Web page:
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Saturday, Dec. 1, 2007

HOOP SCOOP

Winless Grouses shooting for turnaround


This is a tale of two expansion teams. One had a banner season in 2006-07; the other experienced growing pains from the get-go.

Ed Odeven

Not much has changed this season for the Takamatsu Five Arrows, the bj-league's playoff runnerup last spring, and the Toyama Grouses, who are 0-8 entering the teams' two-game series on Saturday night in Takamatsu.

"I am tired of the zero. The zero is old already," Grouses guard Robby Joyner was saying by phone from Toyama on Wednesday evening.

Losing triggers disgust or apathy for a sports team. Toyama has found out that it despises defeats.

And so the season's bad start — 77-74 and 100-87 home losses to the Sendai 89ers in Week One, followed by 93-88 and 83-70 setbacks against the host Niigata Albirex BB a week later, 87-73 and 80-61 defeats at Sendai in Week Three and 104-64 and 85-73 defeats against the visiting Osaka Evessa last weekend — has been difficult for coach Makoto Fukushima's players.

"He's motivated us a lot," Joyner says of Fukushima. "He reiterated that we needed to stay motivated.

"He said we need to do the things the team that is winning does to win games."

Such as?

"He says we need to do the little things, hustle plays and things like that," Joyner continues.

Center Uka Agbai offered this reaction to last weekend's disappointment against the Evessa:

"I am a player. I am gong to play regardless of a 40 point loss or a one-point loss. A loss is a loss. You have another game, so you have to think about the next game."

Through eight games, the Grouses have failed to take care of the basketball. They have more turnovers (110) than assists (107). Their free-throw shooting (64-for-119) needs to improve as well if they expect to be become a winner.

The Grouses began the season in a rebuilding mode, a get-acclimated mode. That's what happens when a team's roster experiences a big turnover from the previous season.

Only six players remain from last year's squad: point guard Takanori Goya, the No. 1 overall selection in the 2006 draft (essentially, he is the face of the franchise), and he is joined by forwards Kazutoshi Ohta and Seiichi Nojiri and guards Satoshi Yonemoto and Hirokazu Nema.

Joyner, the team's second-leading scorer, arrived in Toyama for preseason training camp on Oct. 1. He was joined by Agbai, a former Boston College player, and forward Chaz Spicer, who attended Utah State. The team has also added guards Masaya Kabaya, Shinya Ogawa and Shinya Tsujiuchi to the mix.

"I was real excited about coming to a different place," says Joyner, an ex-University of North Carolina-Asheville player who was employed by the Shanghai Sharks last season.

Frontcourt star Jerod Ward, Toyama's leading scorer last season with a stellar 23.7 points per game, small forward Nate James and guard Nile Murry did not return. Ward is now playing in Shanghai.

"I didn't want to go back to China because the season is shorter this year because of the Olympics," Joyner says.

So he's there in Toyama, trying to help create a winning foundation.

Injuries, though, have slowed the team's progress. The 201-cm Spicer has missed five consecutive games due to a pulled muscle in his back, according to Joyner.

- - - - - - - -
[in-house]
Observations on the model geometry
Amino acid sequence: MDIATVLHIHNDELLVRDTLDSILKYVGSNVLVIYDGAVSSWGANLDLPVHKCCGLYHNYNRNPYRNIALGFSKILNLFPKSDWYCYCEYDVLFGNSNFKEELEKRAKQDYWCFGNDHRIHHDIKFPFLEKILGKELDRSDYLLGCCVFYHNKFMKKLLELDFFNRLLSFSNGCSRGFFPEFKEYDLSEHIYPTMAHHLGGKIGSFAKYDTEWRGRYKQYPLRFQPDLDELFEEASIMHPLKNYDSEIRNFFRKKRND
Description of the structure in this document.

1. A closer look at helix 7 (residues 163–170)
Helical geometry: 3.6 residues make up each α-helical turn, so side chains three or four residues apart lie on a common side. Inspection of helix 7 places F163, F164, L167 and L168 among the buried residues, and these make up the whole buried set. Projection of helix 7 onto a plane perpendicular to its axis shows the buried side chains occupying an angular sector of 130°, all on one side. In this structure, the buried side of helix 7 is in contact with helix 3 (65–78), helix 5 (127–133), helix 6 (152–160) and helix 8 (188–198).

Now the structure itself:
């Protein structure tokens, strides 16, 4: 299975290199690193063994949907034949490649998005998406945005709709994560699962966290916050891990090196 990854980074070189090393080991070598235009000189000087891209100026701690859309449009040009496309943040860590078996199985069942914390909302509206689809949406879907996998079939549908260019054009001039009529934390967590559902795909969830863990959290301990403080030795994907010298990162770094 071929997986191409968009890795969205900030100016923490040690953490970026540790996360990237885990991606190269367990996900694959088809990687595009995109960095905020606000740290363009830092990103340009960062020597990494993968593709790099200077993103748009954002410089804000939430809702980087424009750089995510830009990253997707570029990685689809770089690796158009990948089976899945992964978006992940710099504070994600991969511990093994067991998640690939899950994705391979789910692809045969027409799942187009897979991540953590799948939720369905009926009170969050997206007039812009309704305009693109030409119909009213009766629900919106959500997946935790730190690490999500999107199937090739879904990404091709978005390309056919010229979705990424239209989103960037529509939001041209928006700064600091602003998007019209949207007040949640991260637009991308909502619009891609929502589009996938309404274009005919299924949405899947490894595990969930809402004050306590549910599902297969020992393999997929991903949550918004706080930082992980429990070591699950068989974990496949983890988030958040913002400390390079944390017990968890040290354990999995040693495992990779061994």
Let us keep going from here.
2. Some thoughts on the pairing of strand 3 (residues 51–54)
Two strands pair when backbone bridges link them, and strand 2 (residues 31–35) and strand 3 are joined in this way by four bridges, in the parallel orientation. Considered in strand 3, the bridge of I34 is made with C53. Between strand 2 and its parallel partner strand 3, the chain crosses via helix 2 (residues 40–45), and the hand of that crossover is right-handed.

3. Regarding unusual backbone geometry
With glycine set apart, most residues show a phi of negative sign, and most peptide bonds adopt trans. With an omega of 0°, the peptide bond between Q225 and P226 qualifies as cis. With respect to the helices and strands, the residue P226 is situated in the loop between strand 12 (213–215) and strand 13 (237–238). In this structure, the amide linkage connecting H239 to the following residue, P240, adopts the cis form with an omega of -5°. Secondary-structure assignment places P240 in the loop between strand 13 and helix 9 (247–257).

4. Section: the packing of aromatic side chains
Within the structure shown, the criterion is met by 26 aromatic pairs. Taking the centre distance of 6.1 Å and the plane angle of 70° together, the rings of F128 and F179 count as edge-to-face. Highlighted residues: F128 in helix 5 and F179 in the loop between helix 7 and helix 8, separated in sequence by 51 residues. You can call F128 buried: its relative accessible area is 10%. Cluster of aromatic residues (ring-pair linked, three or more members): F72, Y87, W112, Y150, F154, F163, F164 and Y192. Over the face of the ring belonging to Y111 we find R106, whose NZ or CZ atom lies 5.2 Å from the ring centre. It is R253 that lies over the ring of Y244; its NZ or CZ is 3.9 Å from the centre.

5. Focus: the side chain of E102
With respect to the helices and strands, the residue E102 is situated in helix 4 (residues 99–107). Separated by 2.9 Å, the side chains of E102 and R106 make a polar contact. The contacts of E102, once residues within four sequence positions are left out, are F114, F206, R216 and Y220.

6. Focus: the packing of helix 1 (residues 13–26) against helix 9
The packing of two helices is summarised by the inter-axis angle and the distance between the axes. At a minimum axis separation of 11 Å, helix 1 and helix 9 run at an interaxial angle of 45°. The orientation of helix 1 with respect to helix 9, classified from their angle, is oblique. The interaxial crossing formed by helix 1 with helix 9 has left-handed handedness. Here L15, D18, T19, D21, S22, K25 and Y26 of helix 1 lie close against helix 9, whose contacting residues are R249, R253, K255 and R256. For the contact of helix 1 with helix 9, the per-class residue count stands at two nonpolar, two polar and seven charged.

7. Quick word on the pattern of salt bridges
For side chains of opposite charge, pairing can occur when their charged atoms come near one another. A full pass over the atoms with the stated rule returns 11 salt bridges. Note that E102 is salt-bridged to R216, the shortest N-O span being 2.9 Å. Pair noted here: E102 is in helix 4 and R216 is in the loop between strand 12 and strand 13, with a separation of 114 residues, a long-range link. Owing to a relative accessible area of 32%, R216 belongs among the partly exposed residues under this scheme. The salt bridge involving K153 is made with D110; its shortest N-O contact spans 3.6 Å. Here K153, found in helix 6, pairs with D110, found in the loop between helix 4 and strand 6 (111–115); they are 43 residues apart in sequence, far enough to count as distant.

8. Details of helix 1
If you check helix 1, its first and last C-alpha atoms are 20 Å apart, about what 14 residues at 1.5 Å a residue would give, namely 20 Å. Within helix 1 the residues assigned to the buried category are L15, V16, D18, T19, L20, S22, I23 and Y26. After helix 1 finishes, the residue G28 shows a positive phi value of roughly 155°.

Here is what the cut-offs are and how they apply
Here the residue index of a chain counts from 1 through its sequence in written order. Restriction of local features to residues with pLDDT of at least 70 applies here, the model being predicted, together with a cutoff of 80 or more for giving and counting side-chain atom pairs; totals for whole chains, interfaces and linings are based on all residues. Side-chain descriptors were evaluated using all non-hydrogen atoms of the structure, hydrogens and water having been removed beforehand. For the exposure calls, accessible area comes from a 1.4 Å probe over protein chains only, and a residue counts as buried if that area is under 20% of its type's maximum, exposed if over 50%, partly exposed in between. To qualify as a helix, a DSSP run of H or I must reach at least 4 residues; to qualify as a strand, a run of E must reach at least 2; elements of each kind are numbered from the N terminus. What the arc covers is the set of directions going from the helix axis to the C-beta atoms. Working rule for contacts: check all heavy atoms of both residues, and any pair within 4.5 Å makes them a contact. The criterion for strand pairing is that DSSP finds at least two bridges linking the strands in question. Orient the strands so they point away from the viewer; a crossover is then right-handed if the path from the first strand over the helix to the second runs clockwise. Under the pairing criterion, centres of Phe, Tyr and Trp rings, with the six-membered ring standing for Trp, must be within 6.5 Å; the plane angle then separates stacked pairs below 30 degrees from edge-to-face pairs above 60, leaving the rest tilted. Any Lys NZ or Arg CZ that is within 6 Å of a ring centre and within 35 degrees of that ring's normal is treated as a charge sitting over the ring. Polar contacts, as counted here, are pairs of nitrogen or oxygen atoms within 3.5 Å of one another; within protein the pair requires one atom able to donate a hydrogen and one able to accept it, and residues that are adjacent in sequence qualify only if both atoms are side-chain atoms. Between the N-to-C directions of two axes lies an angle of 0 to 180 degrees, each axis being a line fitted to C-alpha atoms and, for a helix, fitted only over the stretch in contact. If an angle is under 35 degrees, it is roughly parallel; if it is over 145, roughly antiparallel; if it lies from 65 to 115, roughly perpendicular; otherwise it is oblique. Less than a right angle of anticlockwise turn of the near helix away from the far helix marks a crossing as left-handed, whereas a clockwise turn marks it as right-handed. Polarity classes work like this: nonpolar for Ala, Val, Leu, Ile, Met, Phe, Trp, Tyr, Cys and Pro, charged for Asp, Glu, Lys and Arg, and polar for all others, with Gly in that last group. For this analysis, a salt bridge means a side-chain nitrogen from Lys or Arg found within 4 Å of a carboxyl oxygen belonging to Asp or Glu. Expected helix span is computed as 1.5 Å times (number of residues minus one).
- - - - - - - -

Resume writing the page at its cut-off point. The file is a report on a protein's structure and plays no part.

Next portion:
And it's created mismatches for Toyama.

"I'm a guard and I have been having to guard big guys, and that is something new to me," Joyner admits.

"We've struggled out of the box just because we were a lot smaller than a lot of teams."

Help is on the way. The team announced the signing of two American players, center Gerald Cannon and power forward Jamar Brown, on Friday.

"The team is forming together pretty well now," says Agbai, who prides himself on being a leader on and off the court.

But, he realized, patience was needed when the season started.

"I could tell the team wasn't really finalized," the soft-spoken Agbai says.

So now it's the time for Toyama to begin a second chapter to its 2007-08 season.

"With the additions we've made and the guys we already have, the team will start to win some games," Agbai tells me.

A big test awaits Toyama this weekend. The 6-2 Five Arrows have a well-balanced team, led by veteran point guard Rasheed Sparks, The Japan Times' 2006-07 bj-league MVP, power forward Reggie Warren, sharpshooter Yu Okada and a cast of productive role players.

"We are a little undersized," Joyner says, "so everybody has to rebound every time. It's going to take a team effort to rebound against those guys because they are a pretty big team."

It's too early to know if the Grouses will develop a losing tradition. But this much is certain: The franchise's long-term financial stability will depend on winning.

And in a locale without an abundance of sporting activities, Toyama's success would bring joy to the region's loyal fans.

Agbai has witnessed this fervent support in the short time he's been in Japan.

"I've been out to dinner with some fans," he says, describing them as the league's best fans. "They've given us some gifts. . . . Any time they see us they say hello."

Five Arrows supporters have showered their team with rabid support since the team joined the league — and they've experienced the thrill of victory.

Toyama boosters are waiting for the same opportunity.



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